Secretary-Treasurer of Teamsters Local 399 Lindsay Dougherty at a picket line.

Secretary-Treasurer of Teamsters Local 399 Lindsay Dougherty speaks as the Teamsters Union members join members of the Writers Guild of America and the Screen Actors Guild on strike outside Amazon Studios in Culver City, California, on July 19, 2023.

(Photo: Chris Delmas/AFP via Getty Images)

How to Support Striking Workers This Hot Labor Summer

We should all see these work stoppages as an opportunity to show that unions can carve out more equal economic outcomes.

Celebrities like Fran Drescher got a lot of media attention last week when they went on strike. The 160,000+ members of the Screen Actors Guild-American Federation of Television and Radio Artists (SAG-AFTRA) joined 11,000 already striking film and television writers in the first industrywide shutdown in 63 years.

But it is not just actors—workers across the economy are either walking a picket line or preparing for labor actions later this summer. This has led many to wonder: Why do so many workers feel their only option this summer is to strike?

To us, the real question is: Why didn’t we see more of these actions sooner? For decades, the U.S. economy has been churning out radically unequal incomes. Further, essentially all of this increased inequality has come from unbalanced bargaining power in the labor market. Profit margins have increased at the expense of typical workers’ wages, and only the pay of the most highly privileged workers—corporate managers and executives and a select slice of other highly credentialed professionals—has managed to grow as fast as overall economic growth. The overwhelming majority of U.S. workers have not seen their wages grow at pace with their employer’s profits or executive pay scales.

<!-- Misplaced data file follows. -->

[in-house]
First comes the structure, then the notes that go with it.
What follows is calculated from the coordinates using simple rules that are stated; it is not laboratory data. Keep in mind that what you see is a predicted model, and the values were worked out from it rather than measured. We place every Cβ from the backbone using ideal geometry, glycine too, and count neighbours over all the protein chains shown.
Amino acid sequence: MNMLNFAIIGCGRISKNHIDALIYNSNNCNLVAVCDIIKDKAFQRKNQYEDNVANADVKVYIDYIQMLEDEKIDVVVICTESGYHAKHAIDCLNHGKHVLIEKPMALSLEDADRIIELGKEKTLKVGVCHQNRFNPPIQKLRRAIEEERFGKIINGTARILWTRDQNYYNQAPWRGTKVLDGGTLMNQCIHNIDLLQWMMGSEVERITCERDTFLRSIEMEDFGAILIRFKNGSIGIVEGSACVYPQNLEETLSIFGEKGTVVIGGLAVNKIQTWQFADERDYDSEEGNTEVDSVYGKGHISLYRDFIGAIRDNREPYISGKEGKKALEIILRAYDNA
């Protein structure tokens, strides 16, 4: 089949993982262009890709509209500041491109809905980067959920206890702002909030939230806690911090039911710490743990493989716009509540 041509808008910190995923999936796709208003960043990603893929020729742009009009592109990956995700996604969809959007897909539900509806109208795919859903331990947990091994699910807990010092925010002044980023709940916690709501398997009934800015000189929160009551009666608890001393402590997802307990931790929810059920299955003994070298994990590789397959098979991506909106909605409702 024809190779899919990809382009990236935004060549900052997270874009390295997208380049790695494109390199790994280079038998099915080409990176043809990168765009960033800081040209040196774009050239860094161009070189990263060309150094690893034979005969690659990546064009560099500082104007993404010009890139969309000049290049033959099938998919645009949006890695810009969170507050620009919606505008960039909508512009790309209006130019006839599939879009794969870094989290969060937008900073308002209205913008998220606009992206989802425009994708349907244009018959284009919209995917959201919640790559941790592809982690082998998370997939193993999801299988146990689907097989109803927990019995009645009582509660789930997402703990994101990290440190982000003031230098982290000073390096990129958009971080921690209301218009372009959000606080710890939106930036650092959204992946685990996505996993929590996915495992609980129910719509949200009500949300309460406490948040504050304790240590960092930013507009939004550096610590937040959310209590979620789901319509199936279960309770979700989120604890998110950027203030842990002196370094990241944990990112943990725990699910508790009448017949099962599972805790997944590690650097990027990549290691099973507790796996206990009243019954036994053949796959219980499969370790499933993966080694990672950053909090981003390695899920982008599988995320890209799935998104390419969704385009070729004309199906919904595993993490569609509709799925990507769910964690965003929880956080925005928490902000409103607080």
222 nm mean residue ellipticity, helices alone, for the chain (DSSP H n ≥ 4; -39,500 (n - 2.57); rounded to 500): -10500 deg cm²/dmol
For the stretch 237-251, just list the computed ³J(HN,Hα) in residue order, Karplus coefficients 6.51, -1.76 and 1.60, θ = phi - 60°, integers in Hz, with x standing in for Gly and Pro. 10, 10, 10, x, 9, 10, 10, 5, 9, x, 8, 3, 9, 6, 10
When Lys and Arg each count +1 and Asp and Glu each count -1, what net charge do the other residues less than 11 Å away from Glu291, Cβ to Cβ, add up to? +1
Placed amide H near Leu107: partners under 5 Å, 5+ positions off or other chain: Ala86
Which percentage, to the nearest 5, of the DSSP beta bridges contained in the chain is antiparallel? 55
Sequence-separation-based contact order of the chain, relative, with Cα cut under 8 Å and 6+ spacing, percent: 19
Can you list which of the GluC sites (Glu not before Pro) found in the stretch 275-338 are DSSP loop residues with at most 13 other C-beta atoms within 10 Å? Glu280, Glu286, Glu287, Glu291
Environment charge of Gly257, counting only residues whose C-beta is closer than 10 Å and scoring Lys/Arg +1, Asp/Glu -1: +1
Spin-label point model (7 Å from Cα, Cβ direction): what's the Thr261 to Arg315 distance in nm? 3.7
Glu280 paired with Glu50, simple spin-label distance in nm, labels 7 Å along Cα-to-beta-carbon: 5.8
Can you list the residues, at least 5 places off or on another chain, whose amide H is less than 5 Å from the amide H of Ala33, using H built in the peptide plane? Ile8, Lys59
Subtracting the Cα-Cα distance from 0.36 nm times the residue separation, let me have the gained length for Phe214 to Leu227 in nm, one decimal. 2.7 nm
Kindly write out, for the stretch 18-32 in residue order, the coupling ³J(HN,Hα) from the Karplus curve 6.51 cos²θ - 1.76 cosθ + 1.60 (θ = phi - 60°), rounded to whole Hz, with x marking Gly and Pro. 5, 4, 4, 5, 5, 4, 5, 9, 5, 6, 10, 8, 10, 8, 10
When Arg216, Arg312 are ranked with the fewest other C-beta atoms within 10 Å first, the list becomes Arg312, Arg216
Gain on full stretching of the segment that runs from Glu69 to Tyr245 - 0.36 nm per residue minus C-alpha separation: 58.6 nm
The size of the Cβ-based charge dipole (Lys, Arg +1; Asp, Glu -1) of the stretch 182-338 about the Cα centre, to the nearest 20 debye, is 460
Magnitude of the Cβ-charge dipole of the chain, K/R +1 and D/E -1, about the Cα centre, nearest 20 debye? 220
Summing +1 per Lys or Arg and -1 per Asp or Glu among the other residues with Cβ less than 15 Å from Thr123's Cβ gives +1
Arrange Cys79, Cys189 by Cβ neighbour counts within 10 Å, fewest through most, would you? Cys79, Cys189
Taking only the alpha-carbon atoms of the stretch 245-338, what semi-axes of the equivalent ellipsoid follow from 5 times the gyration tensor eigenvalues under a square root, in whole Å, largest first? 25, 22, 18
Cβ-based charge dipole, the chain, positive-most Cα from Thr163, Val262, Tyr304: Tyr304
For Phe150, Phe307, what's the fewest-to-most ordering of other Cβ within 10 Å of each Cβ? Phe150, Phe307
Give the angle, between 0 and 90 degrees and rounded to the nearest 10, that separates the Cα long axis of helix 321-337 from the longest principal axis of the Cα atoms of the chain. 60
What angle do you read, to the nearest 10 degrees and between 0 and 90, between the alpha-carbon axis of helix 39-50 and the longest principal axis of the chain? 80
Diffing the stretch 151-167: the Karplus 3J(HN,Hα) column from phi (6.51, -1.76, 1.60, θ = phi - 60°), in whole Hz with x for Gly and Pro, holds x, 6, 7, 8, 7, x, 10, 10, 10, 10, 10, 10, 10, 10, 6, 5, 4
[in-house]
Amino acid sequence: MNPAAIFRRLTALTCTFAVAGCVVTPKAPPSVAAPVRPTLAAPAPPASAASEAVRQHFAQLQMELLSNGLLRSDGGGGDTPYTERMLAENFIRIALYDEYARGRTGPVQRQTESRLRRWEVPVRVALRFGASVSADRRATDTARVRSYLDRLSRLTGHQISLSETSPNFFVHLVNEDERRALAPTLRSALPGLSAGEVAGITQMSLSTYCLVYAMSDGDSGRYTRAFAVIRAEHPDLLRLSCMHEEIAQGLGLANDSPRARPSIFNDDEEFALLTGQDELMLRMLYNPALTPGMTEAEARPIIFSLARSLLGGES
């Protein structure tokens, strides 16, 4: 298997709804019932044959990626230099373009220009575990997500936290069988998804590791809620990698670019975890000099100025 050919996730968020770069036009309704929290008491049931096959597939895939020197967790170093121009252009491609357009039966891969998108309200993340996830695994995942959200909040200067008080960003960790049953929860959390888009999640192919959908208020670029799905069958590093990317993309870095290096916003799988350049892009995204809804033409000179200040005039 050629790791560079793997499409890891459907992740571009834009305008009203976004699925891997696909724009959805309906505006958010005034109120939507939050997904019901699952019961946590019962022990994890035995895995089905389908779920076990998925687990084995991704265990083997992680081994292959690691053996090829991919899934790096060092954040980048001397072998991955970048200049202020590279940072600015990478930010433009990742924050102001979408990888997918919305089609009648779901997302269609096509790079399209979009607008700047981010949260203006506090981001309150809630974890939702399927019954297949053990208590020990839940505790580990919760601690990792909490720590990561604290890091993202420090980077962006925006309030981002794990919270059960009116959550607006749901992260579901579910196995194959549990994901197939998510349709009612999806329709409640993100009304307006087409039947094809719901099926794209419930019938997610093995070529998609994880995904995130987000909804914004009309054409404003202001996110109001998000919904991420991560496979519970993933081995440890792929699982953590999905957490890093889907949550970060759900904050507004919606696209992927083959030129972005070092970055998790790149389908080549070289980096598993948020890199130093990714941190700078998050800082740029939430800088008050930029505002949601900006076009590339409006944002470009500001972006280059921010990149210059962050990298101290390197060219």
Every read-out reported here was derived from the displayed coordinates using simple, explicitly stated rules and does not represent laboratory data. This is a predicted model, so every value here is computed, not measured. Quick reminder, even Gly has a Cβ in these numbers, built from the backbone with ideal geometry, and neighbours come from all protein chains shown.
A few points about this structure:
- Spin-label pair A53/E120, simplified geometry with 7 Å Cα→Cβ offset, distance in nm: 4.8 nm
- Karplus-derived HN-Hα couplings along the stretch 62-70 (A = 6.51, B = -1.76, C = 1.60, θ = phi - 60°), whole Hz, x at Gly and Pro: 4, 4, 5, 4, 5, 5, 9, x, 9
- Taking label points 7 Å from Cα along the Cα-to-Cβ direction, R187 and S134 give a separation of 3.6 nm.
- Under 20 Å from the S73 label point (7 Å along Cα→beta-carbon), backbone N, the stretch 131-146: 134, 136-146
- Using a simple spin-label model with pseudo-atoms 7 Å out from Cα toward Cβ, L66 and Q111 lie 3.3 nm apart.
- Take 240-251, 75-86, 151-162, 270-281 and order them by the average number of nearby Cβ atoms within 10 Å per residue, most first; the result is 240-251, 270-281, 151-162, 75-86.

Anemic wage growth is only part of workers’ motivation for unionizing and striking. This has been coupled with an erosion of worker protections.

Some earlier rumblings of labor activism were delayed by the Covid-19 shock to the economy, but seem to be returning now. In the years before the Covid-19 pandemic (particularly 2018 and 2019), major work stoppages hit their highest levels in decades. After subsiding in 2020 and 2021, major work stoppages grew by nearly 50% in 2022. There is anecdotal evidence that 2023 will continue this trend, with the members of the Teamsters union representing more than 340,000 workers at the nation’s largest delivery service voting overwhelmingly (97%) to authorize a strike on August 1 if there is not agreement reached with the United Parcel Service (UPS).

Anemic wage growth is only part of workers’ motivation for unionizing and striking. This has been coupled with an erosion of worker protections.

Shrinking budgets at the Department of Labor and state agencies tasked with protecting workers’ rights have led to limited or non-existent enforcement and enabled corporations to violate workers’ rights—including basic health and safety protections—with impunity.

Further, corporations have exploited and expanded loopholes in labor law, making it harder and harder for workers to win a union and a union contract. As a result, many workers are employed in low-wage jobs and are required to risk their health and safety for those jobs.

All the while corporate practices aimed at limiting labor costs further eat away at worker power in a race to the bottom for job standards. The worst of corporate practices are increasingly setting the standards for industries. Strikes are often the only tool workers have to push back against this trend and demand their fair share of income.